Prepare yourself for the longest extended metaphor comparing video games to college basketball you may ever read. I promise it all comes back to Arizona in the end. Here it goes:
My favorite video game ever is the original Tony Hawk’s Pro Skater. This doesn’t make a ton of sense, since I’ve never tried to ride a skateboard and at no point have I considered myself a fan of the sport. But that game had me hooked. I probably played it more than every other video game I owned combined. I still listen to the soundtrack from time to time, just so I can reminisce on how funny I thought the phrase “I am the ambassador of kick your ass-ador” was.
I was the man at THPS. I beat the game (which includes getting all the secret tapes) at least five times, and each time I’d reset everything and do it all over again. I got so good that my older brother refused to play me. Never before and never since has my brother conceded that I’m better than him at something. That’s how great I was. My life goal as a 12-year-old was to be the best Tony Hawk’s Pro Skater player who ever lived. And I thought I was well on my way.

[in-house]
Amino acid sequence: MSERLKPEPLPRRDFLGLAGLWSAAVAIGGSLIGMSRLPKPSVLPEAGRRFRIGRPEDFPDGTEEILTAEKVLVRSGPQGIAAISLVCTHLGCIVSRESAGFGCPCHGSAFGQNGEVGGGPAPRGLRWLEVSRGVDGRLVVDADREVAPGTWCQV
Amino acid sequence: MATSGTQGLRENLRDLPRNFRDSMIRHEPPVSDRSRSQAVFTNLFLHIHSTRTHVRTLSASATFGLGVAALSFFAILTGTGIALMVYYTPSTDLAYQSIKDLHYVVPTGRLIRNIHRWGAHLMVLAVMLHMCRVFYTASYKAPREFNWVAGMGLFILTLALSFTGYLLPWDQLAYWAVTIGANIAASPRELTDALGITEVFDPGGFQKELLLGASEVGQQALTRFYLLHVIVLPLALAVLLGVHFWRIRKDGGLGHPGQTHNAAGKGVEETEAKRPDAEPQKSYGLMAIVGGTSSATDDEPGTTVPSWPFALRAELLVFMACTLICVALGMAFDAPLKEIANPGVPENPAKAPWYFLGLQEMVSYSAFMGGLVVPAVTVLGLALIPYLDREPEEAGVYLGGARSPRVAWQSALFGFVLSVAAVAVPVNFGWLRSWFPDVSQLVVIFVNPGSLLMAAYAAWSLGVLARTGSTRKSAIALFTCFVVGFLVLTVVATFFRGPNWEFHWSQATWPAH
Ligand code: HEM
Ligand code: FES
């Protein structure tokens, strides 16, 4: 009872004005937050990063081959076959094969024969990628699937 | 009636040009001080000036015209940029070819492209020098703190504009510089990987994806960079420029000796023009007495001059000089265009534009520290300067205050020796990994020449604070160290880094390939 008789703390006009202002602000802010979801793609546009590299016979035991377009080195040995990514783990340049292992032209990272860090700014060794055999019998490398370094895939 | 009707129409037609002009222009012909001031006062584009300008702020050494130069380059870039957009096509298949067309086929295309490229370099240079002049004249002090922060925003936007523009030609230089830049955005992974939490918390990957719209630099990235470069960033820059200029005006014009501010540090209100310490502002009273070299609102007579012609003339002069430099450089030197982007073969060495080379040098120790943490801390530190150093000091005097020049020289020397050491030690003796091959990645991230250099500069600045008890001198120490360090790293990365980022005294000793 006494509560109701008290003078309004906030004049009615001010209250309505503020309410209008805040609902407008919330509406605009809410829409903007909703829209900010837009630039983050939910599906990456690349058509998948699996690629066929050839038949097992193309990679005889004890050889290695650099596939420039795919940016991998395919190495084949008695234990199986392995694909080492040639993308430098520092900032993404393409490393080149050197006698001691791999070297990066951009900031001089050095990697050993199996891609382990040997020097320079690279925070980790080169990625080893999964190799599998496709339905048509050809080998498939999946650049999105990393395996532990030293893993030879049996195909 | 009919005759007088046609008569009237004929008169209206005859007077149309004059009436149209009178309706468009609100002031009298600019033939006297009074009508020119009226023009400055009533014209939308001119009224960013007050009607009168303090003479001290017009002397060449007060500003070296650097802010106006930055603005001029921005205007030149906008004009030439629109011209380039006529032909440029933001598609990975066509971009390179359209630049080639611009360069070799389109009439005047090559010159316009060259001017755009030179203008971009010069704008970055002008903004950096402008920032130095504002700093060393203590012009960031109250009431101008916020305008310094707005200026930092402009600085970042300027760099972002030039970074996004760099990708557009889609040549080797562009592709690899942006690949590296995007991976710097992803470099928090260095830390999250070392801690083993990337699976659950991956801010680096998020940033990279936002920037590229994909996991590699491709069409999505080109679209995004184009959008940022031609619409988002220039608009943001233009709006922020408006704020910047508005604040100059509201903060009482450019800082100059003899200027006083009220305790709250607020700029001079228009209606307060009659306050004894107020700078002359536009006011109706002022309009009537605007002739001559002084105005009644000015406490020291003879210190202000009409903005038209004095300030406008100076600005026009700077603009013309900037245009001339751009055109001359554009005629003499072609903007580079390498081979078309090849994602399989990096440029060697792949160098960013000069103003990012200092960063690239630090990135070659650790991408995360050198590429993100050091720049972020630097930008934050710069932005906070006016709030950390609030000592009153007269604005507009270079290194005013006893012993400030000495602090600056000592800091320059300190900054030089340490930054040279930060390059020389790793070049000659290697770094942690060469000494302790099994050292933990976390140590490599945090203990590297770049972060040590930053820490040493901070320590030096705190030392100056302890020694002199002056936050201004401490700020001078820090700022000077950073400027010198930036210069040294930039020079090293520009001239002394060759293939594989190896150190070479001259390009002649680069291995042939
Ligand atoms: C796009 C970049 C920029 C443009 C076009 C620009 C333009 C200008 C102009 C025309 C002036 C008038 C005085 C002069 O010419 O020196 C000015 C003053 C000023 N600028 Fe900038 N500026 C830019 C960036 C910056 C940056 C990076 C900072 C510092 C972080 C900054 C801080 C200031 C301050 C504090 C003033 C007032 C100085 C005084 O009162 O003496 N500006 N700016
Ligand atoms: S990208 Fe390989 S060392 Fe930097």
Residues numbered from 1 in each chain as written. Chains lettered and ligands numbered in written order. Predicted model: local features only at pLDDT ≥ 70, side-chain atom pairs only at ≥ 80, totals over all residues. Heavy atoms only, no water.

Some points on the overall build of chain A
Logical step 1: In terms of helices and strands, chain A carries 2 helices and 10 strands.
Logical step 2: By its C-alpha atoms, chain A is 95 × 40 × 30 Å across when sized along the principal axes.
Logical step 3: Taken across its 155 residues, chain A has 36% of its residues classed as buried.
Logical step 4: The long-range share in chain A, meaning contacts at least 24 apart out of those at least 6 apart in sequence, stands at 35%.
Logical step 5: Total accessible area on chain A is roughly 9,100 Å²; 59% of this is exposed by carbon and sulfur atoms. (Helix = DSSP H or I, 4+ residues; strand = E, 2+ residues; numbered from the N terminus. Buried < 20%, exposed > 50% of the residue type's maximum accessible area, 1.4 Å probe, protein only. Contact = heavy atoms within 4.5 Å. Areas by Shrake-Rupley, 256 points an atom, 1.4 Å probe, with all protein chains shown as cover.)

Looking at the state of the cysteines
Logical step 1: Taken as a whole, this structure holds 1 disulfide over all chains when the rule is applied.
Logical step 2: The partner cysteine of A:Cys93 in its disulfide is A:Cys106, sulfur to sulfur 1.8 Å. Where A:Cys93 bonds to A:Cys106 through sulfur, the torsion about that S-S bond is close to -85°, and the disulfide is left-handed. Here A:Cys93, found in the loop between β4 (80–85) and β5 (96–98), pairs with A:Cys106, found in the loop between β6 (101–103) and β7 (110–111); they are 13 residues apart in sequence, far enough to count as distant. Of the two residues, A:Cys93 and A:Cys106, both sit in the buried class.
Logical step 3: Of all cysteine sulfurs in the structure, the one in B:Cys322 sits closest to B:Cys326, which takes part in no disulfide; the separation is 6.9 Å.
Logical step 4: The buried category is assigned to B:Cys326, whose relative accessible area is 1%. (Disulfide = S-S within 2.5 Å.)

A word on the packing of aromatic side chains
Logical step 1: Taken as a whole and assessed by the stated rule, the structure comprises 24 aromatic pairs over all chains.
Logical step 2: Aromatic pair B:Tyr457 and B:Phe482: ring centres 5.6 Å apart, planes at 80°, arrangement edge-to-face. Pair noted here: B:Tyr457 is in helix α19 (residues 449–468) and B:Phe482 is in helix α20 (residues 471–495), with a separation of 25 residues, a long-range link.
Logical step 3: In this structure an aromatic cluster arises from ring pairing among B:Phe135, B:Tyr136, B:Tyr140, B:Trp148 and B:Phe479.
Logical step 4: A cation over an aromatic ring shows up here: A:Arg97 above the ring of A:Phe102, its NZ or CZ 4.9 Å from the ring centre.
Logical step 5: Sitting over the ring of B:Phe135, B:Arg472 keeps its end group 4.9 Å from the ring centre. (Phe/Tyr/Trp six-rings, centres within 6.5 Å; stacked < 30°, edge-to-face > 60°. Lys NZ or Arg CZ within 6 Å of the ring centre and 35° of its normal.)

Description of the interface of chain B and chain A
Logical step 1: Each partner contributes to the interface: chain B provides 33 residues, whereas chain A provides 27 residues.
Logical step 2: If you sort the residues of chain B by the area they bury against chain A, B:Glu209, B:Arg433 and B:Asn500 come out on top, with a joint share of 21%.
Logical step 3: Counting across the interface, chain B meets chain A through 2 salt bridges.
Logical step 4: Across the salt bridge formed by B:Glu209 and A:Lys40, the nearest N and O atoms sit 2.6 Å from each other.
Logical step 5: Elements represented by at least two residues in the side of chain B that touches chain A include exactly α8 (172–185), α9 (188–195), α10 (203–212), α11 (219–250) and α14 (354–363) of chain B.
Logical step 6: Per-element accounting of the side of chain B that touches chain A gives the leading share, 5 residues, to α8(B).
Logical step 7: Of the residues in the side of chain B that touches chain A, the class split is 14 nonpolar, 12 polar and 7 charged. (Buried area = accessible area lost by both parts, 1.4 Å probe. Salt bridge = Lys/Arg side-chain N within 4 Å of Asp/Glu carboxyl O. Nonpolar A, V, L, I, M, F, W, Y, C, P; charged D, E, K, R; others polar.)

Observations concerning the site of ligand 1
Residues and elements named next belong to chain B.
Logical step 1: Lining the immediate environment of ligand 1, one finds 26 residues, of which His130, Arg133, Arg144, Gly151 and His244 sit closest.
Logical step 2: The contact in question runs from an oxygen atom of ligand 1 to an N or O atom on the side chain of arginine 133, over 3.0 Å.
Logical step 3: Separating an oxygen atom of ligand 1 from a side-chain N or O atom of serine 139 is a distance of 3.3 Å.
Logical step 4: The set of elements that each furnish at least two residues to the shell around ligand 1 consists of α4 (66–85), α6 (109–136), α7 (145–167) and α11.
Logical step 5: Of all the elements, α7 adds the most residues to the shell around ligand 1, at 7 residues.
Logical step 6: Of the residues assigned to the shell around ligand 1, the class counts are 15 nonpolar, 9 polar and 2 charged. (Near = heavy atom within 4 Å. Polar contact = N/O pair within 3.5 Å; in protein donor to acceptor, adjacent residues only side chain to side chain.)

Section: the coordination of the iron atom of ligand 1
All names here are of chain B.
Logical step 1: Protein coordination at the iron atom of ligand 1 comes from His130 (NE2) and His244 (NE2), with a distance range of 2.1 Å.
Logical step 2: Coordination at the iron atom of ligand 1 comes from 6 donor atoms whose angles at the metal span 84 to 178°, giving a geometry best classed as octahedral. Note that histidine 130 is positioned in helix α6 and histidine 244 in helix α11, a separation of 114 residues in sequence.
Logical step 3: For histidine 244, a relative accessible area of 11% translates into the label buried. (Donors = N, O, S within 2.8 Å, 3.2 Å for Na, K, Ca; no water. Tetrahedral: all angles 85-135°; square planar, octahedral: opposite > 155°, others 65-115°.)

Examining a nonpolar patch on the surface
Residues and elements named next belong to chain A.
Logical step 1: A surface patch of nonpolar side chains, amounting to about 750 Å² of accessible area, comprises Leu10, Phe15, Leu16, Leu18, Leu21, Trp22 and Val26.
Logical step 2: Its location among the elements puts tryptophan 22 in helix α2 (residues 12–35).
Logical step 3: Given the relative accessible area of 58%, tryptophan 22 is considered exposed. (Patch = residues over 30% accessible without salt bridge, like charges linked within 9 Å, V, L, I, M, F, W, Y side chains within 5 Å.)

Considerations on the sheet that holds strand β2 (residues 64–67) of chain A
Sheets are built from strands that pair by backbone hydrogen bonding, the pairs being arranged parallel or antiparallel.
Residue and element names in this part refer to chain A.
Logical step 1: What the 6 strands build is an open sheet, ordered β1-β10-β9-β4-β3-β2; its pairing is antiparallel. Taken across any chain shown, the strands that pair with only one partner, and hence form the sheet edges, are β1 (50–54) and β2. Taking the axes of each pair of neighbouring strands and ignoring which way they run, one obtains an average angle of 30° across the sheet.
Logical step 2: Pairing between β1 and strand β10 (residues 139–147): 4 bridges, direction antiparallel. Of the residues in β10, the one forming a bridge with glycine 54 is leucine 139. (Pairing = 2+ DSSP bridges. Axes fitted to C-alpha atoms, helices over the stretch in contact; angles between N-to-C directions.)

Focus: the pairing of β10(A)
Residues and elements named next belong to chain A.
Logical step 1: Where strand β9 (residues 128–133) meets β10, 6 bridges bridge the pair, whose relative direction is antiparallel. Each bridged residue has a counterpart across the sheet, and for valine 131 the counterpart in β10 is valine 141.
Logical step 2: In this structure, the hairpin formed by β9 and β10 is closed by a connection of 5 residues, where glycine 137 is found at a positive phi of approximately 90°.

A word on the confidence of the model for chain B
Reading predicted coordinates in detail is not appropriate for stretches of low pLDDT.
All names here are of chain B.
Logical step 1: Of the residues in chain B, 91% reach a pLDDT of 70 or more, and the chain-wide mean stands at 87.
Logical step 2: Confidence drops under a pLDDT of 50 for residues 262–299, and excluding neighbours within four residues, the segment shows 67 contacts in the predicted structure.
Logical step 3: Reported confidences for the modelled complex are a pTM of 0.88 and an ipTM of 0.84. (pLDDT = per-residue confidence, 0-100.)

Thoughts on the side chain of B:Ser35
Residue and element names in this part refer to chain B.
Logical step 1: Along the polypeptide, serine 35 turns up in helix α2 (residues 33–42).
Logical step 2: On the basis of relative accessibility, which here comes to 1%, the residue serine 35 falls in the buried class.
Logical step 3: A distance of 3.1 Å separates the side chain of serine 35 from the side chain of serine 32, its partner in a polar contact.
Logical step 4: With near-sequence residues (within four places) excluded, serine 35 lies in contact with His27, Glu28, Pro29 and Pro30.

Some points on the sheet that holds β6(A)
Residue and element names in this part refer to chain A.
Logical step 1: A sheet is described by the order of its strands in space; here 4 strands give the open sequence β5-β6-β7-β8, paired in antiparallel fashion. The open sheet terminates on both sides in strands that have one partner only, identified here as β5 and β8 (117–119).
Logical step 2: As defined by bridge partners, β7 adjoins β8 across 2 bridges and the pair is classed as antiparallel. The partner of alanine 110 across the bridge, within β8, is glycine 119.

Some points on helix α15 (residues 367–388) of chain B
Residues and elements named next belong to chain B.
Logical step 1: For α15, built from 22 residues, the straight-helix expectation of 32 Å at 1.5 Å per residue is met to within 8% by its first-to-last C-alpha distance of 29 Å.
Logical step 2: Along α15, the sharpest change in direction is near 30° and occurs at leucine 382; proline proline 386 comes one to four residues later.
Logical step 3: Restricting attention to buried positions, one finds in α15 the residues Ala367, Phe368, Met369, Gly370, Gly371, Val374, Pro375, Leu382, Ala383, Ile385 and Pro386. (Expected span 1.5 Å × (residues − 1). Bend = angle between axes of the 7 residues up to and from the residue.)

But then one day I went over to this kid Isaac’s house. Isaac was the kind of kid I talked to at school and even played on a few basketball teams with, but we had never been particularly close. This was the first time we had ever hung out. As I walked into his room, I saw that he had THPS sitting on his shelf. Naturally, I asked him to play. He accepted the challenge and we set up the “Single Session” thing where you skate for two minutes and try to get the highest score you can. I wanted Isaac to be blown away by my skills, so he would go to school the next day and tell everyone about my legendary THPS abilities. Because of that, I was focused on only my side of the screen when we played. I had no idea what was happening on his side, because I didn’t care what was happening on his side. I wasn’t trying to beat Isaac. I was trying to beat every other 12-year-old in the world.